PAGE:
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Marketers Take Mobile Ads for a Test Drive

Facebook attracts advertisers who want to reach emerging markets
Ten percent of U.S. media consumption is done on smartphones; 1 percent of ad budgets are spent on mobile
Ten percent of U.S. media consumption is done on smartphones; 1 percent of ad budgets are spent on mobileIllustration by Owen Gildersleeve

In the next few weeks, some iPhone users will start seeing mobile ads from Samsung, one of Apple’s biggest competitors and the maker of the hit Galaxy phone. The ads will offer as much as $300 to people who trade in their Apple device for a Samsung.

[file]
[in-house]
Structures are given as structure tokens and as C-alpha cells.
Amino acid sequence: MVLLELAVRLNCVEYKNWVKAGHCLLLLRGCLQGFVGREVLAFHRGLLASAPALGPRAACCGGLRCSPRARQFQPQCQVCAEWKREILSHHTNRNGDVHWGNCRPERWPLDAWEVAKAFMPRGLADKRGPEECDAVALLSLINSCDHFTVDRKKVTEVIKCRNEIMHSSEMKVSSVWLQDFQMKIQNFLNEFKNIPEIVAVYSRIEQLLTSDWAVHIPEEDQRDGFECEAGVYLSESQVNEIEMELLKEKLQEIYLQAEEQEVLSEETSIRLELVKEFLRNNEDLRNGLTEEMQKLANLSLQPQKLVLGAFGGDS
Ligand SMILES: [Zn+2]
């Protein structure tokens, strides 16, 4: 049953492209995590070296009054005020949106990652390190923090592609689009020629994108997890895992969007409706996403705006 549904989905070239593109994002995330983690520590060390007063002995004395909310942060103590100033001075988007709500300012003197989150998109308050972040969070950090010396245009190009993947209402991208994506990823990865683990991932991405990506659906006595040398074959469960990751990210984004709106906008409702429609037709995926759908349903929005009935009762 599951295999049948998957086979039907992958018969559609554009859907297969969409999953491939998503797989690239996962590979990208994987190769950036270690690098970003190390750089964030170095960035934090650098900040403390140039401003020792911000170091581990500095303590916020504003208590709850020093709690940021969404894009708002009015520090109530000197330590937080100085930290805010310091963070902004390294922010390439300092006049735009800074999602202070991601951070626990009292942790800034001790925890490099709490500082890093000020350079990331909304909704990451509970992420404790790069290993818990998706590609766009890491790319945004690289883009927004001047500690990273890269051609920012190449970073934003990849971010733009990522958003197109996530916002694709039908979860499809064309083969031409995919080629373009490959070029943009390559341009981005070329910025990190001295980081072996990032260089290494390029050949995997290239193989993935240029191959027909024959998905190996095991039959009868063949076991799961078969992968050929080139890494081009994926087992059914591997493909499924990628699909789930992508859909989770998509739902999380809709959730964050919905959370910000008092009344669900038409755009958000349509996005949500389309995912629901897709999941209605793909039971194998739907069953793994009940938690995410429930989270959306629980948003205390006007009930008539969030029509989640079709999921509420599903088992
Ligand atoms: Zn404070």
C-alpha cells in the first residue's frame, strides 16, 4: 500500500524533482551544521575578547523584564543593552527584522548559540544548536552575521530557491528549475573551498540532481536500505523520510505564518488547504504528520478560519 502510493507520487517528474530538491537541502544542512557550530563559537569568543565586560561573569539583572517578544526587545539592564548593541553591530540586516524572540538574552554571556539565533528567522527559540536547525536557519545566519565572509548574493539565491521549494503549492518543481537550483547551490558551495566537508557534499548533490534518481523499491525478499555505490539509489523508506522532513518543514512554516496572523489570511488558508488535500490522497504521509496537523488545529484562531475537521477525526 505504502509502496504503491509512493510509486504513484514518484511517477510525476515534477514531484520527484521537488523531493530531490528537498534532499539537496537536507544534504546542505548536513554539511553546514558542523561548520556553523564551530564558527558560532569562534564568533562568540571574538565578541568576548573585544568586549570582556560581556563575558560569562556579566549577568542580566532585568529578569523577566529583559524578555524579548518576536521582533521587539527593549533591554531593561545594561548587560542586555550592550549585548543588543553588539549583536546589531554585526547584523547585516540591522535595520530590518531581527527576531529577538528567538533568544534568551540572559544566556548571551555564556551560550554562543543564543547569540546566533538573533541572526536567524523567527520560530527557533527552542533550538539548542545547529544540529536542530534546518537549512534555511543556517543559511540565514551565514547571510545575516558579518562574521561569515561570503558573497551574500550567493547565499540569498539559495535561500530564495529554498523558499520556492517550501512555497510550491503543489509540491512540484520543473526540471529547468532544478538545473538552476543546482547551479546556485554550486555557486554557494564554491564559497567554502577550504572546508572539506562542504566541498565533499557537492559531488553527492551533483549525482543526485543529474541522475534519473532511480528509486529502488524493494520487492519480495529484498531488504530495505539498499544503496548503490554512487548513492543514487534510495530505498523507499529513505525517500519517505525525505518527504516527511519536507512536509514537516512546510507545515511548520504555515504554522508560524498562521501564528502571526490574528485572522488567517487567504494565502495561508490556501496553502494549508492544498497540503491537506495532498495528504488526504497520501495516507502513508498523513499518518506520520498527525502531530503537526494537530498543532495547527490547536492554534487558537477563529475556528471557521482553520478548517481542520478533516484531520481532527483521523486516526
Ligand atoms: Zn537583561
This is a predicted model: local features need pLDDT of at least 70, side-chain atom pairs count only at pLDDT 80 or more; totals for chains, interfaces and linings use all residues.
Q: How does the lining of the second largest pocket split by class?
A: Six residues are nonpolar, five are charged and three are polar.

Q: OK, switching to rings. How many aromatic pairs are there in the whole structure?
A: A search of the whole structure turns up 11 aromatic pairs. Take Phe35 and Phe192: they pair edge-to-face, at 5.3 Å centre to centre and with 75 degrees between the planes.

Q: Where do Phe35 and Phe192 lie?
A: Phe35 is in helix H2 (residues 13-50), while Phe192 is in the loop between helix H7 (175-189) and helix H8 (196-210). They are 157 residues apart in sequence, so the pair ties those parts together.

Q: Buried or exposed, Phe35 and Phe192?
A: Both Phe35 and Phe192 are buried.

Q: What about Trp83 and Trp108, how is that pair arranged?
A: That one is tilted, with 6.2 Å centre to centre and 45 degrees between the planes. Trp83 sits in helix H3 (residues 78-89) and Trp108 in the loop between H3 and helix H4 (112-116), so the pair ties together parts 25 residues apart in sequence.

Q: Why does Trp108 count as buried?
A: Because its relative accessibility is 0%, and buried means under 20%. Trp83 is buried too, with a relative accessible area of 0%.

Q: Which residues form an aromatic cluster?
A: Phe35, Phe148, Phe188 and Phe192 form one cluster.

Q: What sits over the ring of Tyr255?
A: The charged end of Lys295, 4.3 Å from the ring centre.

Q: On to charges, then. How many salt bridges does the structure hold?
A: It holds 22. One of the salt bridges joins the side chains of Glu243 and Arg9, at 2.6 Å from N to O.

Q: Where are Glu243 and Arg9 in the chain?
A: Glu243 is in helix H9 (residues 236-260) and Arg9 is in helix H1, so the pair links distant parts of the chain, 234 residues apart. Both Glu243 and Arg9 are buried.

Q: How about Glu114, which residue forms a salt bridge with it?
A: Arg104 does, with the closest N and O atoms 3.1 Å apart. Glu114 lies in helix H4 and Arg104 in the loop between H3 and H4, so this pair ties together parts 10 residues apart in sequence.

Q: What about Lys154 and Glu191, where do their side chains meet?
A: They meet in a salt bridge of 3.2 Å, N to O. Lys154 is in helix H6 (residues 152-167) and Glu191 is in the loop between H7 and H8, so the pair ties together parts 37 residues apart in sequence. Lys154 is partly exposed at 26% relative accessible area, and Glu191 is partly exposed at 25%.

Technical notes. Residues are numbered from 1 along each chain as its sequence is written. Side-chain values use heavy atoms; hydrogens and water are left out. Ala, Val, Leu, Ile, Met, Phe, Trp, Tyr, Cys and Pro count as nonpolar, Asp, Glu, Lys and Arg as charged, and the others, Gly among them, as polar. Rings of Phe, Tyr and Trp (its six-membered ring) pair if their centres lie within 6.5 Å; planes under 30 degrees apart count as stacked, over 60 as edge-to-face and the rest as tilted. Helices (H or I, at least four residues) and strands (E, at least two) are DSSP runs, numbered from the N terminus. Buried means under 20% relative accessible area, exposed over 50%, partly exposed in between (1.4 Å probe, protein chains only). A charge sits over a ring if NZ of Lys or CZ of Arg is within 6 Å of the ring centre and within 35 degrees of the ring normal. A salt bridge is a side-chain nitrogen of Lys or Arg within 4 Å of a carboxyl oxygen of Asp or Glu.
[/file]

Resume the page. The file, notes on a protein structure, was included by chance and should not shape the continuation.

The company’s strategy is just one sign of a nascent boom in mobile advertising, which to date has fallen short of expectations, in part because the limited screen real estate makes it hard to craft ads that don’t annoy users. Even as smartphones account for 10 percent of the time spent consuming media, they draw only 1 percent of advertising spending in the U.S., according to researcher EMarketer. That’s changing as more technology companies, including the social media powerhouses, create mobile ad products and woo big brands such as Target, American Express, and Coca-Cola. Bank of America Merrill Lynch predicts the mobile advertising market will surge to $18.3 billion in 2015, from $3.6 billion last year.